Strong winds began blowing yesterday on Point Danger, the headland that is shared by two Australian States - New South Wales and Queensland. Would it be followed by a cyclone as strong as Katrina? We had feared for days that it could be, even though this would have been a very rare event indeed.
These girls had big trouble keeping hold of their belongings as they stood on the viewing platform above the Point Danger Marine Rescue Station. It was very difficult for me to hold my camera still.
The Bureau of Meteorology put out a warning for damaging winds, abnormally high tides and dangerous surf on the exposed coast. Seas further out could be 'phenomenal'.
For the past few days we've been nervously watching a cyclone the intensity of Katrina wending its way down the Queensland coast in our direction. It is true that such storms generally diminish as they come south. This one however, seemed to be maintaining a deal of its strength for a lot longer than usual.
News services have been tracking Severe Tropical Cyclone Hamish as he played with us, lurking just off the coast. He moved relentlessly southward for a thousand kilometres , threatening to cross to the land, bringing destruction with him, even though he was still offshore.
Hamish strengthened to Category 5, softened to Category 4 and then strengthened again to 5. Right now its still 300 km away and down to Category 3.
We watched reports as towns battened down, thousands were evacuated from danger areas, and gale force winds wreaked their havoc. Idyllic tropical islands just off the coast have been badly damaged.
I bought a new torch and some masking tape for my windows. Just in case, mind you.
Tropical cyclones don't often get as far south as the North Coast of New South Wales, but with the weather and climate change being what they are, you can't be sure. Normally we'd shrug our shoulders and get on with life, knowing that most such storms dissipated before they became our direct concern.
However our weather has been erratic lately, to say the least, producing such record catastrophes as the Victorian bushfires. Hundreds of kilometres of land in the northern Gulf country have been under water for two months now, with farmers isolated and dependent on fodder drops.
There was even an almost unheard-of earthquake this week, not far from Melbourne. I like to look on the bright side, but ...
So when the winds strengthened and waters churned into white horses yesterday, we couldn't help wondering.
I took myself off to Point Danger. I could see that Duranbah, the beautiful beach below me, had already lost much of its sand from an abnormally high tide, and the waves were angry. Clouds were swirling.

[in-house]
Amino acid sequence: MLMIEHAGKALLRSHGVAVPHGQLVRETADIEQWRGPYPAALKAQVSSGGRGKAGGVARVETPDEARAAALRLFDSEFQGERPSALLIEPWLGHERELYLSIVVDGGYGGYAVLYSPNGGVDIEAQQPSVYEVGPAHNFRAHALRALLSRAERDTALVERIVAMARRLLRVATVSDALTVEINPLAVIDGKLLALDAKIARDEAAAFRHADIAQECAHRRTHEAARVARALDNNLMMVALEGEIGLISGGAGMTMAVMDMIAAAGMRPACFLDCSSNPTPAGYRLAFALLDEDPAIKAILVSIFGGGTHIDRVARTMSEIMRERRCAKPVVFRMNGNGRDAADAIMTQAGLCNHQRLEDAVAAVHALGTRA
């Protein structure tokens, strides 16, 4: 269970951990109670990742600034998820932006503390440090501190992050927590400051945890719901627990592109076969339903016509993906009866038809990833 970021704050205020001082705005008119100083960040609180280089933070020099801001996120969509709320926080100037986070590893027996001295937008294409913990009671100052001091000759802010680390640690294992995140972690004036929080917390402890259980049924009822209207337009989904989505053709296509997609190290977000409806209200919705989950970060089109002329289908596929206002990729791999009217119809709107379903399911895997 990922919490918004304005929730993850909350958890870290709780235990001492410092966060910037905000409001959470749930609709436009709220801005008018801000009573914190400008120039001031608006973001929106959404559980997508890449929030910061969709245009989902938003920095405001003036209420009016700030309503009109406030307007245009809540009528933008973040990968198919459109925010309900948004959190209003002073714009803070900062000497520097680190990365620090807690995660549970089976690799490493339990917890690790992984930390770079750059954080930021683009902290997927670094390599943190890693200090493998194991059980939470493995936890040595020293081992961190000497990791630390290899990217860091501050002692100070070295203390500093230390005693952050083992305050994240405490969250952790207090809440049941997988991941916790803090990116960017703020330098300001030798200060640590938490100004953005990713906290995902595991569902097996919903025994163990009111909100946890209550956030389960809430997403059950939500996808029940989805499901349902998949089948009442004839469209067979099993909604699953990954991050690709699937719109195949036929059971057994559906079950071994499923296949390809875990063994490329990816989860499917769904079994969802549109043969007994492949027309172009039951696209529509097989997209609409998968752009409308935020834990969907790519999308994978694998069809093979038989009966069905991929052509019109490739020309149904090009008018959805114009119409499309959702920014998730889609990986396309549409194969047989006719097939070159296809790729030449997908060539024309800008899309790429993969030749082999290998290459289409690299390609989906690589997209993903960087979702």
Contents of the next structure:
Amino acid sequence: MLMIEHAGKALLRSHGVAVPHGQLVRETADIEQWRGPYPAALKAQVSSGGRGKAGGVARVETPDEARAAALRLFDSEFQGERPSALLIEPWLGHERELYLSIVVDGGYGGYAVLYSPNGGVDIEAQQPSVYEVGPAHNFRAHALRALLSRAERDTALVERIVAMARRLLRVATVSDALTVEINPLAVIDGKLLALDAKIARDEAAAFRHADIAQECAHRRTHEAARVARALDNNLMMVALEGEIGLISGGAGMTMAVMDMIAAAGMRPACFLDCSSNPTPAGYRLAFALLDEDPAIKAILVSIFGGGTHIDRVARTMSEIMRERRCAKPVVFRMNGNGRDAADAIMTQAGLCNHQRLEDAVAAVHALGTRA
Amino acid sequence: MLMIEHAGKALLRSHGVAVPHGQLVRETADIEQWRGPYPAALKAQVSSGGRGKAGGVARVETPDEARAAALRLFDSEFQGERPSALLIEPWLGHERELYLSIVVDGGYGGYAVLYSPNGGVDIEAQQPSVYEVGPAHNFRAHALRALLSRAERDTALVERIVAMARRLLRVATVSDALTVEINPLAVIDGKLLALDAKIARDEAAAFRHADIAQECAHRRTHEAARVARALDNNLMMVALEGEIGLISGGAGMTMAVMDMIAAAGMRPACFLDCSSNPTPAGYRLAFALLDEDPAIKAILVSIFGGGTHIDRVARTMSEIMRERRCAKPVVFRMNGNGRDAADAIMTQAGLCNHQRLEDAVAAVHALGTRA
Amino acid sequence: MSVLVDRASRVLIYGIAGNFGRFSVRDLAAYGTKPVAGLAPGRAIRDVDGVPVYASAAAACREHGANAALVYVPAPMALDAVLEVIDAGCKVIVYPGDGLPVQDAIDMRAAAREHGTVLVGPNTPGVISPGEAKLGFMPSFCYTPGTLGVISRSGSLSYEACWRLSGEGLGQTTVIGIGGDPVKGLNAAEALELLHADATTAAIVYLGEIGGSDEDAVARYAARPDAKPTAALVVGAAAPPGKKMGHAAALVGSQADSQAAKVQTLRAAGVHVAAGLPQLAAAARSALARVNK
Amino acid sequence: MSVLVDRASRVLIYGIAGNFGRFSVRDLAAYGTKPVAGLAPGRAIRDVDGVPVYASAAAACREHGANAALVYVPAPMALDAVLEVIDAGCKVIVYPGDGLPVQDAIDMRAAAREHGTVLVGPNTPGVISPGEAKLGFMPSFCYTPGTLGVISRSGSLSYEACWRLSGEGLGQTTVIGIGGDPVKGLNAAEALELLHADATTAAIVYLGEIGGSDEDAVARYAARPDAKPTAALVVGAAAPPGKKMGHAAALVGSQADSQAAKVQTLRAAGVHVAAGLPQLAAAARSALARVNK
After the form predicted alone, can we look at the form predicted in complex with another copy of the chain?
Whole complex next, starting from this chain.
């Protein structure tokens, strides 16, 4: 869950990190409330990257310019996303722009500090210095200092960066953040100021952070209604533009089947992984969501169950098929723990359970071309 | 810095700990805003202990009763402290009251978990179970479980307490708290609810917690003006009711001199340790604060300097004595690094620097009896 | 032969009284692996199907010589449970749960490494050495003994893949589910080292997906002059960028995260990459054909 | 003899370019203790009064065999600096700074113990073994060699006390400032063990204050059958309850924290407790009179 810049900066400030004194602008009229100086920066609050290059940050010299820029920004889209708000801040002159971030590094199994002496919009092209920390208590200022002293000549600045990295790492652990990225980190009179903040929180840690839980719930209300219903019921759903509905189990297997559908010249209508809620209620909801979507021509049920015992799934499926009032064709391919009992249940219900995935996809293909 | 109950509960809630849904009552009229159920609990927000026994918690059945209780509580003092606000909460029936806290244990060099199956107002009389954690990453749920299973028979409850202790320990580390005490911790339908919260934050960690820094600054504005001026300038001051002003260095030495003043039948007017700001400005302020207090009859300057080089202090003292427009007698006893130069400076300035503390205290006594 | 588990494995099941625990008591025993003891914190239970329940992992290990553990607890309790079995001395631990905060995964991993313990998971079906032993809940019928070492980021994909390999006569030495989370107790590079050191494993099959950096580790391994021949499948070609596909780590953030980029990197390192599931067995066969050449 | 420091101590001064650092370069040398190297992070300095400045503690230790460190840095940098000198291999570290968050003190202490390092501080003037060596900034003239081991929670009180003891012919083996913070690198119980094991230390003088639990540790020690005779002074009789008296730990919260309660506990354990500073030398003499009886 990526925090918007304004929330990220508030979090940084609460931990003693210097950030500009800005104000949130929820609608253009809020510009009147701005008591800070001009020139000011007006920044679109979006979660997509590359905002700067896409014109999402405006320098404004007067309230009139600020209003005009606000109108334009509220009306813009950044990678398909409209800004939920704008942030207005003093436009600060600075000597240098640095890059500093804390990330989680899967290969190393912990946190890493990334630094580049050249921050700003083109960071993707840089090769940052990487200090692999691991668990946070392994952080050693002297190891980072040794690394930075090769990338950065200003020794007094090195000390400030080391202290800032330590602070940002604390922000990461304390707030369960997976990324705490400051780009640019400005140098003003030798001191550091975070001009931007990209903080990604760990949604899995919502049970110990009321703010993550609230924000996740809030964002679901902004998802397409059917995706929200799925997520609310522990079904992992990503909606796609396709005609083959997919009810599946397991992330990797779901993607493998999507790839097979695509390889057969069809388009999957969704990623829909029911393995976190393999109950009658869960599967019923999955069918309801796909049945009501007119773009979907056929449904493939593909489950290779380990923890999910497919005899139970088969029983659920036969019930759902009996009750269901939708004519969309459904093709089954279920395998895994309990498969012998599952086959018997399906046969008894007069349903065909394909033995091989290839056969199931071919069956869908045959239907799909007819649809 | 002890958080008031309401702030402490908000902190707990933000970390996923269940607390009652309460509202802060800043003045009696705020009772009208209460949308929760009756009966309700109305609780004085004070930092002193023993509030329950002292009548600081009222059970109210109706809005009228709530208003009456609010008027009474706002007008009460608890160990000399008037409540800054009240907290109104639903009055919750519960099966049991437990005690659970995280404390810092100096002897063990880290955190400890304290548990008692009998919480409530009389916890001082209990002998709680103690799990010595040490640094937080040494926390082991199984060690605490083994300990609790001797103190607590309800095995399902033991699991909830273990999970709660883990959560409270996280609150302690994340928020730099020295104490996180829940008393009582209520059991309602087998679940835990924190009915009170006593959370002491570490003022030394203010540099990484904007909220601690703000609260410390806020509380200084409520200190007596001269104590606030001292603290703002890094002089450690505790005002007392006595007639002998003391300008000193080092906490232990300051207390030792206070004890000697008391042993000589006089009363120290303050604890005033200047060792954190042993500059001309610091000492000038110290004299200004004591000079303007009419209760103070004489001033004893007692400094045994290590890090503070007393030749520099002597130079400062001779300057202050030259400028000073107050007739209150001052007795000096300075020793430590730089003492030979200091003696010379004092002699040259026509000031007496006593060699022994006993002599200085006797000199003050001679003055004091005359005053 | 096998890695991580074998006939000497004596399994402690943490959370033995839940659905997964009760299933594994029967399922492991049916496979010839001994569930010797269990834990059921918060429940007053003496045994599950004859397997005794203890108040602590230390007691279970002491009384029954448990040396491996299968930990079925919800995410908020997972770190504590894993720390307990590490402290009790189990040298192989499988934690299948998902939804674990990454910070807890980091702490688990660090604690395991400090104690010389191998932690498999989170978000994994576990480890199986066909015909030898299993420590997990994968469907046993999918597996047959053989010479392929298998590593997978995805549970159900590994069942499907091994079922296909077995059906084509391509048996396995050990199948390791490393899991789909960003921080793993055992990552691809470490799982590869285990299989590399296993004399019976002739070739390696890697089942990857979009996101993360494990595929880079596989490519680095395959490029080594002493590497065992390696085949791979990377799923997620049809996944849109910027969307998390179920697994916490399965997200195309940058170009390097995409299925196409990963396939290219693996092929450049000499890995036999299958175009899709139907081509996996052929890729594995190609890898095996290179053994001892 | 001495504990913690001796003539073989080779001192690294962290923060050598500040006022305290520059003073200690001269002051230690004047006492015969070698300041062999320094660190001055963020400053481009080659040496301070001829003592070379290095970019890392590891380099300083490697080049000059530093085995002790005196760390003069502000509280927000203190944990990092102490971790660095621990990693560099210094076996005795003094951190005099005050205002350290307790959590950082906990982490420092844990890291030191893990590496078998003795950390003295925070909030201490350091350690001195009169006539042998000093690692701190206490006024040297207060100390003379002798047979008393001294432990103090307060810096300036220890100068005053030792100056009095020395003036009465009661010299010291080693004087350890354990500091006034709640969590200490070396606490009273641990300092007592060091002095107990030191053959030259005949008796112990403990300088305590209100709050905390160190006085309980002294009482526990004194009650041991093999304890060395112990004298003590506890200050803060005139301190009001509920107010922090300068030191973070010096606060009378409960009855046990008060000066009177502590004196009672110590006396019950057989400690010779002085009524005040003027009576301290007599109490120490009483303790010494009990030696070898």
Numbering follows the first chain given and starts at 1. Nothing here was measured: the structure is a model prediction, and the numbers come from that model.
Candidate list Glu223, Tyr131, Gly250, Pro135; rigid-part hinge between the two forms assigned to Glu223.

To the north, on the Queensland side of the border, I could see some of the crowds watching surfboard riders valiantly competing in a carnival at Snapper Rocks, regarded as one of the more sheltered surf breaks.
Everyone knew that the competition was likely to be cancelled at any time soon.
This afternoon the Bureau updated its gale warning south to Point Danger, saying south-easterly winds to 34/45 knots were expected to whip up seas and swell to three and five metres. Our direction.
It also said that Severe Tropical Cyclone Hamish was expected to slow down and gradually weaken.
9am AEDT 13th March 2009
It seems that the extent of the oil spill had been underestimated by the captain of the ship responsible for the event.
More than 60km of the world famous Queensland tourist coast have been affected by thick oil washed up on previously pristine beaches. The area has been declared a disaster zone as cleanup teams moved in yesterday as the extent of the damage became obvious. Workers are looking for affected wildlife.
So far the spill has affected the beautiful Moreton Bay and its islands near Brisband and, further north, Bribie Island and parts of the Sunshine Coast.
Big seas, the legacy of ex-Tropical Cyuclone Hamish are hampering efforts and spreading the oil.
8am 12th March 2009
Well, it seems as though we have the last laugh. Hamish became Ex-Tropical Cyclone Hamish late last night. We're left with the seas he whipped up, together with a high pressure system that came from the south to join him. I'll wander down to the shore today to survey the scene and take a picture or two.
This shot of Snapper Rocks was taken from the same spot as the pic above, but this morning after Hamish and the high pressure system had done its work. You can see there are still surfers out there! The sea has taken over the vantage point of yesterday's watchers. (Sadly my camera is acting up, with the shutter stuck on this one.)
The swell was up today, certainly.
And this was the bar of the Tweed River nearby. Crossing anybody?
3pm AEDT 12th March 2009
Bad news. It is now becoming clear that a 20 tonne oil spill from cargo ship just off Brisbane yesterday has created damage to beaches at the near-pristine Moretan Island, and on the mainland a little further north. A reporter from the Australian Broadcasting Commission says there is oil on the sand 'as far as he could see' on Moreton Island (see below). Volunteers are looking for affected wildlife.
ABC TV photo
The spill occurred when the ship's cargo of 31 containers of ammonium nitrate spilled overboard in rough seas caused by Tropical Cyclone Hamish. One container pierced the ship's fuel tanks on the way into the sea. There is no sign of the containers or the chemical, which is presumed sunk.
Pardon me if I ask: What Next?
Are there cyclones where you live? I've never been in one, and I don't think I want to be.
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